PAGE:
Behind the Wheel

2021 Kia Sorento Hybrid Review: The Dodge Journey of three-row hybrid crossovers

The Kia Sorento Hybrid offers a lot to like for families looking to save on fuel.

Photo courtesy of Kia Motors

The redesigned Kia Sorento looks good. Kia has given the three-row SUV new life, not as a substitute for the Telluride SUV but instead as its own crossover, with plenty of differences to give them their own identity.

The 2021 Sorento comes in two variants, the Sorento and Sorento Hybrid. Each is offered in its own set of trim levels. The Sorento base model is powered by a 2.5-liter four-cylinder internal combustion engine that delivers 191 horsepower and 182 pound-feet of torque. Higher grades get a turbocharged 2.5-liter four-cylinder engine that is rated at 281 horsepower and 311 pound-feet of torque.

Sorento Hybrid comes in two trim leaves, S and EX. Both are powered by the company's turbocharged 1.6-liter hybrid powertrain that offers up 177 horsepower and 258 pound-feet of torque. The SUV prioritizes fuel efficiency over performance, an important distinction that sets the Sorento Hybrid apart from other hybrid variants, including the Toyota RAV4 Prime, a plug-in hybrid that delivers an energetic boost to the RAV4 lineup.

2021 Kia Sorento HybridThe Sorento Hybrid is the type of vehicle that can get you to a trailhead, but isn't built to go beyond that.Photo courtesy of Kia Motors

The power output is fine if you plan on sticking to in-town driving and aren't looking to load up the Sorento Hybrid for a long road trip. In the default Eco drive mode, the car responds to the throttle the most comfortably. Under traditional and harder acceleration, the Sorento Hyrbid's powertrain is noisy and ill-mannered. It's almost like the SUV is telling you, "I'm built for efficiency, not speed". Message received.

Kia's done a good job making the Sorento agile and it drives nicely and makes for a pleasant daily runaround. Unlike what Toyota has done with the Highlander, all-wheel drive is not available on the Sorento Hybrid.

The 2021 Sorento Hybrid comes standard as a six-seater with captain's chairs in the second row. The seats, leatherette in the upmarket trim level, are comfortable enough. There's a decent amount of cargo space with the third row erect or stowed.

2021 Kia Sorento HybridThe cabin of the Sorento Hybrid is plush enough for its price point.Photo courtesy of Kia Motors

The well-thought out cabin design delvers exactly what customers need and in the EX trim level, the car's appointments are near-premium. The SUV has the usual list of standard and available features, but nothing is too fancy: Bluetooth, wireless Apple CarPlay and Android Auto, voice recognition, satellite radio, push button start, keyless entry, a rearview camera, wireless smartphone charger. Nothing looks, feels, or operates like it's cutting edge, but it doesn't have to - this isn't a luxury vehicle.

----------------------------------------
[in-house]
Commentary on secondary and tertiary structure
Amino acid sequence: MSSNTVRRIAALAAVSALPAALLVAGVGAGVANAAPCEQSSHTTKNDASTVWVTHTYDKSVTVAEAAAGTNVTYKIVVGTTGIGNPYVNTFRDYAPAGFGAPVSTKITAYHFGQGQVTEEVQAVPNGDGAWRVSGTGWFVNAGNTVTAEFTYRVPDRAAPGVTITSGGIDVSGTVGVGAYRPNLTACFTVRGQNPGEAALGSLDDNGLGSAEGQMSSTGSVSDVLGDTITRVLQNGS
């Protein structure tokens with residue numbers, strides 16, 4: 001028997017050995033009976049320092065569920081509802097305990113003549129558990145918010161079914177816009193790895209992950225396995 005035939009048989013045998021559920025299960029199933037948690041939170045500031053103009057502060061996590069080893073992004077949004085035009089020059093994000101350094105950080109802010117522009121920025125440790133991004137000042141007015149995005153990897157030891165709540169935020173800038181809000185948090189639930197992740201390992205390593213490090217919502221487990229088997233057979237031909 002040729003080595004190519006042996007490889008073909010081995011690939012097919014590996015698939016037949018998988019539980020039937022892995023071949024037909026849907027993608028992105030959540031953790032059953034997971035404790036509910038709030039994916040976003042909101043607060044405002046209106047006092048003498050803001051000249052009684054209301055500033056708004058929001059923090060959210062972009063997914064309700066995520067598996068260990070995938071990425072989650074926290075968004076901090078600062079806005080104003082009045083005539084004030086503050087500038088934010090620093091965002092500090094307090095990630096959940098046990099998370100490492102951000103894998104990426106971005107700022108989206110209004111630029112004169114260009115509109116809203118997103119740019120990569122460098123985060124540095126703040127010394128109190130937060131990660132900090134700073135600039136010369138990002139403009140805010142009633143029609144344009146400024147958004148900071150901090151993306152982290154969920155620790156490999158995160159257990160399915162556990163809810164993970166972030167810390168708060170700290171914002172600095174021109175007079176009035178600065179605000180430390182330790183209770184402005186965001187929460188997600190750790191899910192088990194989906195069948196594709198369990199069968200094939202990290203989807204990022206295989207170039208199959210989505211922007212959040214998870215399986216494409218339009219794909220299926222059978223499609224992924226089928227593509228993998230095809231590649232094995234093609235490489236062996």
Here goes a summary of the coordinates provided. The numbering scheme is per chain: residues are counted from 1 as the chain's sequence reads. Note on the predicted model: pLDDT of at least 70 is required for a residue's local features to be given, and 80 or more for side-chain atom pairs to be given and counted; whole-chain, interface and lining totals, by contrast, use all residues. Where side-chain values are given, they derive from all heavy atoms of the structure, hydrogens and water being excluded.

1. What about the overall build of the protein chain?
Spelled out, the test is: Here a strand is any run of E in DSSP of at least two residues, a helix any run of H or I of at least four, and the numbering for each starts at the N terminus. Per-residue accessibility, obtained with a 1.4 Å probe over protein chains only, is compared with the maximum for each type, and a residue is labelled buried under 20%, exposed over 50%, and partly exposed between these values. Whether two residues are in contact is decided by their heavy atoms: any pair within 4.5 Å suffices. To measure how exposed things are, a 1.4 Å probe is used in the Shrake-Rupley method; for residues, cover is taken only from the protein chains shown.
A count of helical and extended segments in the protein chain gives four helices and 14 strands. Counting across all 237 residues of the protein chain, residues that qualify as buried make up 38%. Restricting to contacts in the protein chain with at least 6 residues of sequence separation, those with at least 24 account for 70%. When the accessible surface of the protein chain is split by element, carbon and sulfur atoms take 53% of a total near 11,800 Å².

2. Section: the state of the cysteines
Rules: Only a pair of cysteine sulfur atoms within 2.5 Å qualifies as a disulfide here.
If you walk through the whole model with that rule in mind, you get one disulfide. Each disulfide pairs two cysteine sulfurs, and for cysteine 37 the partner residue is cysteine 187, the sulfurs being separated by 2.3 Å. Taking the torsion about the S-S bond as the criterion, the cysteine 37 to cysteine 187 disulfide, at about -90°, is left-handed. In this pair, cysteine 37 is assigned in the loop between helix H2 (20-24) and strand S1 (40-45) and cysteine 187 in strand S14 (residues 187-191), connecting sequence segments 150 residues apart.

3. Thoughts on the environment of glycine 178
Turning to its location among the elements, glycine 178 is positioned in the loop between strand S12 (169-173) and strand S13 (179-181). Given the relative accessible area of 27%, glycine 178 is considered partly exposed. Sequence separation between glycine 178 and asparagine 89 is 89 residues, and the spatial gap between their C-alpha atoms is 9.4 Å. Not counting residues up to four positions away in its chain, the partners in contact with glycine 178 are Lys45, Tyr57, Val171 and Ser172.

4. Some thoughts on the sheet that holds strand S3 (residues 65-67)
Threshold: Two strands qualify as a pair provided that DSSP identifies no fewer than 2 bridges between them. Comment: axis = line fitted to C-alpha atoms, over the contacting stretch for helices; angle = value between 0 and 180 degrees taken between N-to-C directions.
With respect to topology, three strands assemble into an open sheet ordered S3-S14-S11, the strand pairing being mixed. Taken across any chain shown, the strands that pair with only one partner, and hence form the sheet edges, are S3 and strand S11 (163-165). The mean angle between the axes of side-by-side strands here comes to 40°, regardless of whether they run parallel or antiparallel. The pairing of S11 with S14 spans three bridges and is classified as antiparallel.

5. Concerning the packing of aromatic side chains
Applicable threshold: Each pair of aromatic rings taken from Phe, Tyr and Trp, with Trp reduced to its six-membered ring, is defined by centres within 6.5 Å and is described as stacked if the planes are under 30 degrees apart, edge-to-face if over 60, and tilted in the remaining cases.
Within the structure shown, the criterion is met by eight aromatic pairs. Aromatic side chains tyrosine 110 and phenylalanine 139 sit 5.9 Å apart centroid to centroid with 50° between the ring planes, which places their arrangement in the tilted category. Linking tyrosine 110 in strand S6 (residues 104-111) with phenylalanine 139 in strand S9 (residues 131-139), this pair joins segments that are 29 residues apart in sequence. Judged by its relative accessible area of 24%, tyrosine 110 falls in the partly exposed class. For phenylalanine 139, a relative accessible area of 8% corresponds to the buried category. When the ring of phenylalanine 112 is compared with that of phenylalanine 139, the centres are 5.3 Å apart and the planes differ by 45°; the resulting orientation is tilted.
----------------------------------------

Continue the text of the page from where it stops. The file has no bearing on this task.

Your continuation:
There is one very nice design touch in the cabin. On either side of the infotainment touch screen are vents that service the front row of the auto. Their output is divided into two each with the bottom vent able to serve the midsection of front passengers' bodies while the upper part goes higher. More automakers should design vents this way.

The Hybrid EX model that was delivered for testing had its lane keeping and centering system not as honed in on lane lines as is optimal, which resulted in crossing over the lines without any alert going off or corrective action being taken by the vehicle's computer.

2021 Kia Sorento HybridCargo space is always tight in three-row SUVs, but Kia has given the Sorento a good balance between cargo space and third-row legroom.Photo courtesy of Kia Motors

The 2021 Kia Sorento Hybrid starts at $33,590. That's a thousand-and-a-half over the starting price of the Telluride and $4,000 more than the traditional 2021 Sorento.

There are currently only two other three-row hybrid SUVs on the market, the Toyota Highlander Hybrid and the Ford Expedition Hybrid. The three models and their varied price tags and third-row layouts service very different customers but they generally all get lumped together. The Sorento Hybrid is, by far, the lowest priced model of the three, and it feels like it when you're inside. There's nothing wrong with that. Dodge sold a lot of Journeys despite the fact that it wasn't the best or most expensive SUV out there.

Think of the Kia Sorento Hybrid as the Dodge Journey of three-row hybrid crossovers and you won't be disappointed.

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The Hyundai Palisade got a mild refresh for 2023.

Hyundai

Earlier this year, Hyundai announced changes to the Palisade for 2023. The list includes a new front fascia, an updated grille with new headlights and daytime running lights, a 12-inch touchscreen with navigation, and more. A new XRT trim joined the lineup as well, bringing brawny off-road styling and dar exterior trim. Today, Hyundai announced pricing for the SUV, which starts at a little more than $32,000.